Okay, so maybe you don’t want to try a traditional outline, but I hope by now you’re seeing and considering the benefits of some type of writing organization. I’ll be honest – I don’t use a traditional outline for my novels. I use them for all of my articles. It’s easy to do for 500-800 words, but not as simple for 60,000 words. I’ve polled the experts (and myself) and have some up with some outline alternatives.
Darlene Franklin, author of Lone Star Trail, writes a one paragraph summary of each chapter. When she’s done she might combine two or more paragraphs into one chapter or even split a paragraph. Either way, it helps her see the whole story before she writes it.
Speaker and author Angela Breidenbach uses a more extensive technique:
I write the first chapter to see if I like the idea and the characters. Then I go into a style of outline like this for each scene/chapter:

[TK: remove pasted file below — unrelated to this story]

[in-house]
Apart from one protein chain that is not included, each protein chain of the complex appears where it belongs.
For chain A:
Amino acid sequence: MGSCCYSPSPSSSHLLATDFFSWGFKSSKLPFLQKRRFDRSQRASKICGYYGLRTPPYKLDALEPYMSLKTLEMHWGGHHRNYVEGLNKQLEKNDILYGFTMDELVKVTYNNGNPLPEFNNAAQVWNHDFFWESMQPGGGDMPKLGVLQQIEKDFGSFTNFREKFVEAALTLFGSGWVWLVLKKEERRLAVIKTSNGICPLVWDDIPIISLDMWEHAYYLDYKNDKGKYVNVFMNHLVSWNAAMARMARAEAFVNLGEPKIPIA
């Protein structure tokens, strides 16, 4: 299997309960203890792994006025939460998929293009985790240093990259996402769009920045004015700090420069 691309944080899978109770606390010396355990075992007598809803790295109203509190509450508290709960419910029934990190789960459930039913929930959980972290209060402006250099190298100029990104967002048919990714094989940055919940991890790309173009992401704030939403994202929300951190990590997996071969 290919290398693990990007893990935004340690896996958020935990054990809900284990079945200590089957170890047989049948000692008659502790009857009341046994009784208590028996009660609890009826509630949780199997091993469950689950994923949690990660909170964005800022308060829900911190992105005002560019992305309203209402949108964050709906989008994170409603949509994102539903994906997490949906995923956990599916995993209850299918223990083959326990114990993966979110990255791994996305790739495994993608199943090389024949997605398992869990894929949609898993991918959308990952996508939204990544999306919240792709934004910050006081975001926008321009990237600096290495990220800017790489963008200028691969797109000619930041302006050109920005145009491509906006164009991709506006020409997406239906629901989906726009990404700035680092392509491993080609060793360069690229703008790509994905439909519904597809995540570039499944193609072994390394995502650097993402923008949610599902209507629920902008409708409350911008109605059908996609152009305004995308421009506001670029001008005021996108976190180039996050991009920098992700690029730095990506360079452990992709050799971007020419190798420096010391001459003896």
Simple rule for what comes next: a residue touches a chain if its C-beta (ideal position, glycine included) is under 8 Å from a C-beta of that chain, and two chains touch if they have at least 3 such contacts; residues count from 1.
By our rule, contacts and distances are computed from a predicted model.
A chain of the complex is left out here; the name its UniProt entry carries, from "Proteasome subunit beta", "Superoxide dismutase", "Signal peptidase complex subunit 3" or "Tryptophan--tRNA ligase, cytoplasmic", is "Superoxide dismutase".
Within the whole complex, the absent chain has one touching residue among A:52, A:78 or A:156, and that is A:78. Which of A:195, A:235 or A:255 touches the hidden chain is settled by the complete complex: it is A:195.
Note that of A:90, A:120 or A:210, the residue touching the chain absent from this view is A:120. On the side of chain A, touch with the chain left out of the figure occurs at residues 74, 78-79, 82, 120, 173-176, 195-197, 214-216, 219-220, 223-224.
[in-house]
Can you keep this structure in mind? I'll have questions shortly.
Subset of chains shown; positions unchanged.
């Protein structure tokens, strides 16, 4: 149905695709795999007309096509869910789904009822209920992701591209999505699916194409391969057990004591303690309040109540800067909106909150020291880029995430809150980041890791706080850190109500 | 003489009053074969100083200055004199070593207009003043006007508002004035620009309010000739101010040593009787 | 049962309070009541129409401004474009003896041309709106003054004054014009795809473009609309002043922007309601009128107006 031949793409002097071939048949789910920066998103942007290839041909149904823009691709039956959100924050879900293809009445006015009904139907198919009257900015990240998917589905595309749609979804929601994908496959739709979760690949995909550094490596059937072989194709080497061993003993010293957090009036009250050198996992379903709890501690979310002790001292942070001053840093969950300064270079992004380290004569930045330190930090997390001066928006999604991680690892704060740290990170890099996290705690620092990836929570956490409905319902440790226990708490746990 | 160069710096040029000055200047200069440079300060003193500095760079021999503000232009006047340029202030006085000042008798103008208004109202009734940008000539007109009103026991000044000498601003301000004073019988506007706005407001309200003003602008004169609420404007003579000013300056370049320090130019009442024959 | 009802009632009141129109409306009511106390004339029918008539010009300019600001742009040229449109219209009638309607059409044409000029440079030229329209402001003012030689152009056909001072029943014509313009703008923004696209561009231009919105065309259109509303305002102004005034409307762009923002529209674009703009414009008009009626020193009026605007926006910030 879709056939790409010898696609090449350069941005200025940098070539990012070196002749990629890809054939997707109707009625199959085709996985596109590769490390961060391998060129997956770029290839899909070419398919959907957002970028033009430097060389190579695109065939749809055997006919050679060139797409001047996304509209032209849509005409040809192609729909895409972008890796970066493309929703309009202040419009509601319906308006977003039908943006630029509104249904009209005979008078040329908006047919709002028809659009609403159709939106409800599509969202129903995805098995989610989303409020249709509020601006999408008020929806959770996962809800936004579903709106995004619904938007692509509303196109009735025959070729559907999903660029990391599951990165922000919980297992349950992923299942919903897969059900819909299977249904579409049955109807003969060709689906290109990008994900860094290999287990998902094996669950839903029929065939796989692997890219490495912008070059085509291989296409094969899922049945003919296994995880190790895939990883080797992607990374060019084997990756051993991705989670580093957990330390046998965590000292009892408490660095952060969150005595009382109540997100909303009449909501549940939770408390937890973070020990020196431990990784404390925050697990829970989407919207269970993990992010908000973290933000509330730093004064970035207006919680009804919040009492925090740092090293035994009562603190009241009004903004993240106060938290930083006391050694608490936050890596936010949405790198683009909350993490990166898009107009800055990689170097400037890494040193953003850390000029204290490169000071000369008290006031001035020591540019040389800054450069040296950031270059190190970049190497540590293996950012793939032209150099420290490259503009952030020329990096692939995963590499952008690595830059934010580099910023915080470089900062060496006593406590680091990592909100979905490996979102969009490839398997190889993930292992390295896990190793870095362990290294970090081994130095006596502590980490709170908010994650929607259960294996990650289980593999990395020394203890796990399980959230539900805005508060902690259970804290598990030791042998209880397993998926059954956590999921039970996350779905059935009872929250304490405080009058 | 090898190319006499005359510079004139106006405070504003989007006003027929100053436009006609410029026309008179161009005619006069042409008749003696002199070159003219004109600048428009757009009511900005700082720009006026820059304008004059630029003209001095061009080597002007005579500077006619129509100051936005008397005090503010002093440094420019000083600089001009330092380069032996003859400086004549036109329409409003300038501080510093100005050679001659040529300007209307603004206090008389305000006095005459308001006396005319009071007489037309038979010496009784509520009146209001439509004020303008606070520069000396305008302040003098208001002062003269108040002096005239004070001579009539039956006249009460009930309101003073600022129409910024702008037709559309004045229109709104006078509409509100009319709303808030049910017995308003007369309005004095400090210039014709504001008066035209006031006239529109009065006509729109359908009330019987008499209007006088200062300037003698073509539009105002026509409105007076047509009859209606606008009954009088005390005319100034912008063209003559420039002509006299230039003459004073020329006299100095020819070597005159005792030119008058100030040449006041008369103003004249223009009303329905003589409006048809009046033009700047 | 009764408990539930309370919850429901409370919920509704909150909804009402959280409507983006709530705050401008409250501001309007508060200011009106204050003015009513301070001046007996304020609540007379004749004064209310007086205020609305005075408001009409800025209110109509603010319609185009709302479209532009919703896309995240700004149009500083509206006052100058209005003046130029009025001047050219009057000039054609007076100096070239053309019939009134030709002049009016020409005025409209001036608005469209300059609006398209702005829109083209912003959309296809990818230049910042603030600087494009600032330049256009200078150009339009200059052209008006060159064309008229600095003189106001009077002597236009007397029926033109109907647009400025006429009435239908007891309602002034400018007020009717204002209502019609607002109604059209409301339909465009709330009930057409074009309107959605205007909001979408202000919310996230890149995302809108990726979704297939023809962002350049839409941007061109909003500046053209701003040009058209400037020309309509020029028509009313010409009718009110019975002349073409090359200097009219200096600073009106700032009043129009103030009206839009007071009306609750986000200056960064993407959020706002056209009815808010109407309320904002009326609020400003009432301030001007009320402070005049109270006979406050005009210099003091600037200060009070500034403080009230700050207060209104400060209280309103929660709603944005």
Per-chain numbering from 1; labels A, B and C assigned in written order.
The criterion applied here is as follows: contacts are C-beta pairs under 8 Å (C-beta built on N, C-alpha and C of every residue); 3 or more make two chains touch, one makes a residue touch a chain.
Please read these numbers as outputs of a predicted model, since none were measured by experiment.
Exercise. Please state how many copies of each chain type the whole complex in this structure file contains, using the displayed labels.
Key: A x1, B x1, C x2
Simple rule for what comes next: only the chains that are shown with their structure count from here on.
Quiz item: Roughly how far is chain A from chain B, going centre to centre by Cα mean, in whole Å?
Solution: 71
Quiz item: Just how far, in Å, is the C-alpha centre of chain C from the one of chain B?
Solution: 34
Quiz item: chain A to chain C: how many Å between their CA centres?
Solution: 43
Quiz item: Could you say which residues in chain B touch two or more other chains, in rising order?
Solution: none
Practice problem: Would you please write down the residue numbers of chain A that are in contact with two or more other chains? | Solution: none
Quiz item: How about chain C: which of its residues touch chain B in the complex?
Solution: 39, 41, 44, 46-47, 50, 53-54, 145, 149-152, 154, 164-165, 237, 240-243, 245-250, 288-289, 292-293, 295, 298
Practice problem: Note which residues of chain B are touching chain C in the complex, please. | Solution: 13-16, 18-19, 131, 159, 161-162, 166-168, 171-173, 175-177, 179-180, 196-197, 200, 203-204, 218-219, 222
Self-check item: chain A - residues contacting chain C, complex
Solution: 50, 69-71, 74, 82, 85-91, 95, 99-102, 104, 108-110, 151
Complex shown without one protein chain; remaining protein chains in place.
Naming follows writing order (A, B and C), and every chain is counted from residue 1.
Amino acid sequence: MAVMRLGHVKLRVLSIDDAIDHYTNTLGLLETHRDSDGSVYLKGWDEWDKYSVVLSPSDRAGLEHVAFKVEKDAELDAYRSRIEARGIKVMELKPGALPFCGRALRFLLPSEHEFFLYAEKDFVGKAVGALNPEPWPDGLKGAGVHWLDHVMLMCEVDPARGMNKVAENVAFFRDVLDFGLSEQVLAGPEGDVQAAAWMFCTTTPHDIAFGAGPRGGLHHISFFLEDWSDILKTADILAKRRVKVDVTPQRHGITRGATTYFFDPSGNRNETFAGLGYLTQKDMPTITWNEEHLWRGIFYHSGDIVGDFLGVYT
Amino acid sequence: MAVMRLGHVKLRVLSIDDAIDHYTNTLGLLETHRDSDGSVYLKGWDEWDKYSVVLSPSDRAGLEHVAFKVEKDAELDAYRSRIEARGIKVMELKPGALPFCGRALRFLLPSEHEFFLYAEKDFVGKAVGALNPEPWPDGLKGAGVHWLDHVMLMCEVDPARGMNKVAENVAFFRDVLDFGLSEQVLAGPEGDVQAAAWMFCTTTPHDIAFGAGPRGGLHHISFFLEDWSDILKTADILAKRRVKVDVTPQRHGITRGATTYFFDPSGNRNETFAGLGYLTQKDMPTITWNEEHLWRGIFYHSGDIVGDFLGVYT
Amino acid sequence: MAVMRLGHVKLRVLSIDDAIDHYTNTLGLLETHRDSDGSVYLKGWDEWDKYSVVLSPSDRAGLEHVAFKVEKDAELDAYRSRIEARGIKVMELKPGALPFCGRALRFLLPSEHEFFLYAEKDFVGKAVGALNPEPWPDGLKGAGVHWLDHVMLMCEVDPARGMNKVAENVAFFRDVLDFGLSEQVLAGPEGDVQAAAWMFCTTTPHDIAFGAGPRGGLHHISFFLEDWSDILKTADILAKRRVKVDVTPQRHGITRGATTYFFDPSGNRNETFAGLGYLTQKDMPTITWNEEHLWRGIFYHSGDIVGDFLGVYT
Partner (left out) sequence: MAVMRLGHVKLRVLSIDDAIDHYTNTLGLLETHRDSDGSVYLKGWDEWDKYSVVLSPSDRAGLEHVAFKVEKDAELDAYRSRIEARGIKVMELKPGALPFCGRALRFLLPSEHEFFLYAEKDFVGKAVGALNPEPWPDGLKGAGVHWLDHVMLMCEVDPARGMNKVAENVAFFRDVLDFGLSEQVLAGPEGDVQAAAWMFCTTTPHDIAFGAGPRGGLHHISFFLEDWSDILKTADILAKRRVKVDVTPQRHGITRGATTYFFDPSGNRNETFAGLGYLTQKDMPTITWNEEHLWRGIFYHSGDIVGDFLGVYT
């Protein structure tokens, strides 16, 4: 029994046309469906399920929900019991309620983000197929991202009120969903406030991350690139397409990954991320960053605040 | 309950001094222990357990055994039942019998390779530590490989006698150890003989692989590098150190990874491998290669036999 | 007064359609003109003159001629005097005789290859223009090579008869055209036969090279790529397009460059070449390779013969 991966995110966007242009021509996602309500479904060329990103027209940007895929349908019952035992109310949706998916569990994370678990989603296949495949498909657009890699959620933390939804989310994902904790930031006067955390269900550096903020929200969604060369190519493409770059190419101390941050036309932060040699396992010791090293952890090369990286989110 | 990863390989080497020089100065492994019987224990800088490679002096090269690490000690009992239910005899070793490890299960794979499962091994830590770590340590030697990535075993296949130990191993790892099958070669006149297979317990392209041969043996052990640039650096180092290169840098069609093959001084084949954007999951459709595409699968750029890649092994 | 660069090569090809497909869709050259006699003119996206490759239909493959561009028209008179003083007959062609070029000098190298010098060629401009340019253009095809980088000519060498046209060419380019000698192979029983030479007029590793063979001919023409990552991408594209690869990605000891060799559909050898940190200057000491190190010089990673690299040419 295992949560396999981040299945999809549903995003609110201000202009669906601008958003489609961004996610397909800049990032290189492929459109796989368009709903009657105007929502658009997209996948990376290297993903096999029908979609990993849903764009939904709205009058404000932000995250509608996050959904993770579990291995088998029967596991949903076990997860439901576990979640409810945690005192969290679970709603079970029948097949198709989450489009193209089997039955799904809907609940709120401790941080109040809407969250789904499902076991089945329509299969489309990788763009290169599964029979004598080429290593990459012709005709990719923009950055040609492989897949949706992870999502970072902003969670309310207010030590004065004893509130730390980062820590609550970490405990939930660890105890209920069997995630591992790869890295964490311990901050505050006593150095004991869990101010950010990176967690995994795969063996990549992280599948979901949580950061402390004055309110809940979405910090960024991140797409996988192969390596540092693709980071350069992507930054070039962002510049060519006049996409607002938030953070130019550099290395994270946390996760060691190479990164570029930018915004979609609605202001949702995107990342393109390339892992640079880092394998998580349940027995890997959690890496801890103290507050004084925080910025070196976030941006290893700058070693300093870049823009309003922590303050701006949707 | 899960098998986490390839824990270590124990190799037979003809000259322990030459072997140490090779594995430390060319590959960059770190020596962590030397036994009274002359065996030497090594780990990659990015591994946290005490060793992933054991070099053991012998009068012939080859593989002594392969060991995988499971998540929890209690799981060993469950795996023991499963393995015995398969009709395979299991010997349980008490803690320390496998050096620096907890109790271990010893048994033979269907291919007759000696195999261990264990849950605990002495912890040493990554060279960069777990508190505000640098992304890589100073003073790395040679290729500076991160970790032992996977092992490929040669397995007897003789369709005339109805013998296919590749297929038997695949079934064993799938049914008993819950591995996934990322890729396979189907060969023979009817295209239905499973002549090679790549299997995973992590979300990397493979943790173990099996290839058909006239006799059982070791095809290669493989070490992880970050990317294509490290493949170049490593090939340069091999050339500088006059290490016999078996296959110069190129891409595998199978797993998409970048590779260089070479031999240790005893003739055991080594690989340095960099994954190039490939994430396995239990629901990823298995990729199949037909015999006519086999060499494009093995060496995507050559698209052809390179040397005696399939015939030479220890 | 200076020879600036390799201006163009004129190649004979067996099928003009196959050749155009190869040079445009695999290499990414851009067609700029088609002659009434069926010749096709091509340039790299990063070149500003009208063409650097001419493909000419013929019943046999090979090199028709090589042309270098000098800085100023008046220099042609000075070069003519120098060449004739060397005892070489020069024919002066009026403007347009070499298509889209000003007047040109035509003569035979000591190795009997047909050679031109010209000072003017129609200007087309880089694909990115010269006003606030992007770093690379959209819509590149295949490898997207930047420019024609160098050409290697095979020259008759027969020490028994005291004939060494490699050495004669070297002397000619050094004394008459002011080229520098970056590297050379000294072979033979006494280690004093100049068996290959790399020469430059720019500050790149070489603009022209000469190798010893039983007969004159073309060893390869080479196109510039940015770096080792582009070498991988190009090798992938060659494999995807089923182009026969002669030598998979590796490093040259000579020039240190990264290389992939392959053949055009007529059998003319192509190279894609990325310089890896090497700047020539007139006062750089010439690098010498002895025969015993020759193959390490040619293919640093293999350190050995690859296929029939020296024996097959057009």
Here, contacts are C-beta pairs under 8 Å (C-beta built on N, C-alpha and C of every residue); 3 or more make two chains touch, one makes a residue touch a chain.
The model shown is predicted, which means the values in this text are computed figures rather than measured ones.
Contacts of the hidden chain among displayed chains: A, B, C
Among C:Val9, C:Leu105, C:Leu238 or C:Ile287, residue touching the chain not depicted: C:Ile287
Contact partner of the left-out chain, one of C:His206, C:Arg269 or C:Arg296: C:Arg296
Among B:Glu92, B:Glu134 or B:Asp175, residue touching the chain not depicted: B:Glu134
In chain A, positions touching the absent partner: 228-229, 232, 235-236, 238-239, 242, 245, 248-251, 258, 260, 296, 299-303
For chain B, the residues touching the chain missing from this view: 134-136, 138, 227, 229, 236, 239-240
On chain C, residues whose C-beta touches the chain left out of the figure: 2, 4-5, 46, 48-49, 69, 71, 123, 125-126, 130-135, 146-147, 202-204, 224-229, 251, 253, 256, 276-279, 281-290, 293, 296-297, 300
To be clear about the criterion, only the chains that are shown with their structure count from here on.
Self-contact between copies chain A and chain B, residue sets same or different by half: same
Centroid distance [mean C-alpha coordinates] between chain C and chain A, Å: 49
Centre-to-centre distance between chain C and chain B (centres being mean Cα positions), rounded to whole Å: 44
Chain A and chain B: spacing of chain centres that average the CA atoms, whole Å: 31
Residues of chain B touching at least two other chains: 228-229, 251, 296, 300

Action: A does X
Reaction: Because Y happened, A responds this way. (Or others respond to the action.)
I learned action/reaction from reading Dwight Swain’s how-to book on action/reaction units.
For instance, I write the first chapter and then write an action sentence as the plot for the rest of the book. Then I write the reaction to the action. What would happen if A does this…
I fill out the rest of the book in action/reaction sentences, maybe 2 or 3 sentences per scene, so I have outlined the plot. Then I go back and write the book.
And award winning author Laurie Alice Eakes organizes her ideas on a spreadsheet. “I use an Excel spreadsheet with headers of scenes or sequel numbers, characters who are in the scene, POV character, goal, conflict, disaster/climax or reaction, dilemma, decision.” While that may seem daunting, it produces results.
“Because I had an outline, I wrote a 50k novel in 17 days and sold it to Heartsong, my first CBA sale.”
As for me, I like to use a notebook. Each page represents a chapter and includes the following:
Then I scribble out a rough outline of how the scene will flow. This helps me make sure I’m not missing important scenes while also reminding me of who is talking where.
What about you – do you have outlining alternatives? Did you try it once and decide it’s just not for you?